Drone in music is a sustained tone or sound, and Nico Muhly has used sustained sound as a harmonic foundation for the four compositions on this album. Each is carefully crafted and consists of simple embellishment overlaying the drones which produce very relaxing and ambient music.
Other composers have used drones. In particular, La Monte Young, an early pioneer of minimalist music, has used drones as an integral component of his work. Some of his compositions just consist of the drone itself, played for extended periods, and these are still performed live today in avant-guard installations. Brian Eno is an example of a composer who has used drones extensively, particularly in his ambient music.
Nico Muhly manages to integrate the drones with the melody producing coherent beautiful music, using the background noise of everyday life as his creative inspiration for these compositions.
It's great to have these three EP releases together on one album. For my money Nico Muhly is one of the most talented young composers at work in the listening world today. The title 'Drones', although to some degree accurate, given his sustained use of long-breathed string passages as a foundation for the piano parts which float above and interact with them, does not quite do this complex and captivating music justice. The end results are positively enchanting.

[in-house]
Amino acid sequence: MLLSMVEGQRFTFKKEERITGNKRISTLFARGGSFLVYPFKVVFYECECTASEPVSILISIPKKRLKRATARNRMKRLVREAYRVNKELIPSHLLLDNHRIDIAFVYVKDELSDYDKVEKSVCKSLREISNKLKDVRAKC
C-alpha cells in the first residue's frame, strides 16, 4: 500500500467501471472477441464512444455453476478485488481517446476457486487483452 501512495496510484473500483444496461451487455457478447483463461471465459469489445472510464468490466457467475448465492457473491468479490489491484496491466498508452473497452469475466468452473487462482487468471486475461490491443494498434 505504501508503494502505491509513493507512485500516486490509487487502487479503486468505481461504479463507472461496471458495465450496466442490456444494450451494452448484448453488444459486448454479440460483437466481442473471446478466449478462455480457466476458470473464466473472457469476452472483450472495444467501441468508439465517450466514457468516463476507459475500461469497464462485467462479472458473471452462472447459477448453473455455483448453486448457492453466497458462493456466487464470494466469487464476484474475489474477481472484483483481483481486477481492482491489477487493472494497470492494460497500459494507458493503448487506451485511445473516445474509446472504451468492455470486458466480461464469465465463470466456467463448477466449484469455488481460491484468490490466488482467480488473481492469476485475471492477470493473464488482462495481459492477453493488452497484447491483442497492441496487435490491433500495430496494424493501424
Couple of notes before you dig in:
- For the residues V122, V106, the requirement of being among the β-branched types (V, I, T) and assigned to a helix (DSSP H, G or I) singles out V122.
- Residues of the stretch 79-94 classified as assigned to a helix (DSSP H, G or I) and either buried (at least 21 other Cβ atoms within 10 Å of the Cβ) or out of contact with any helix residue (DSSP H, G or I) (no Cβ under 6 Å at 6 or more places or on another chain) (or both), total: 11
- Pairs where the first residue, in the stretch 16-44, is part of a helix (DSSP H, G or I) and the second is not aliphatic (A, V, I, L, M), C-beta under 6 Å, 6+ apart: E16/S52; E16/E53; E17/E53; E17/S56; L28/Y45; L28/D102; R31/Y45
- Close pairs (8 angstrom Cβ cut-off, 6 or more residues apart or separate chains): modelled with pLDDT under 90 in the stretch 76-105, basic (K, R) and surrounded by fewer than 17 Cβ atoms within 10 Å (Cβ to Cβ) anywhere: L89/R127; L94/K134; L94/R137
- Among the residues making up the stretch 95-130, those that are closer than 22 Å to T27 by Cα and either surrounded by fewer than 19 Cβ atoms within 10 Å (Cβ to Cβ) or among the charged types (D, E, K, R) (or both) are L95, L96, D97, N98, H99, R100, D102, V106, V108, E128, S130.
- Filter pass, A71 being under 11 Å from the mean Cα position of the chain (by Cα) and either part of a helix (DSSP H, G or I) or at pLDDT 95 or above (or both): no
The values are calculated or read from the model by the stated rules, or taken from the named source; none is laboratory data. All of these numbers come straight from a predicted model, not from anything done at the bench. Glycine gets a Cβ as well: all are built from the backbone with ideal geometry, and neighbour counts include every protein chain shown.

The block-like solidity of the piano parts creates a palpable sense of nervous tension in inventions such as 'Part I' of the first five- part work, in wonderful contrast to the haunting quasi-Medieval theme of 'Part V'. There is simple beauty too in the fragile miniature of 'Part III Material With No Tricks' in the second group of pieces and aching melancholy when a violin takes the lead against Mr Muhly's shimmering keyboard ostinato on 'Part I Material in Eb' in the third.
Yet another captivating release from an artist of true musical vision.
(Do listen to his 2011 recording 'Seeing Is Believing' while you're at it).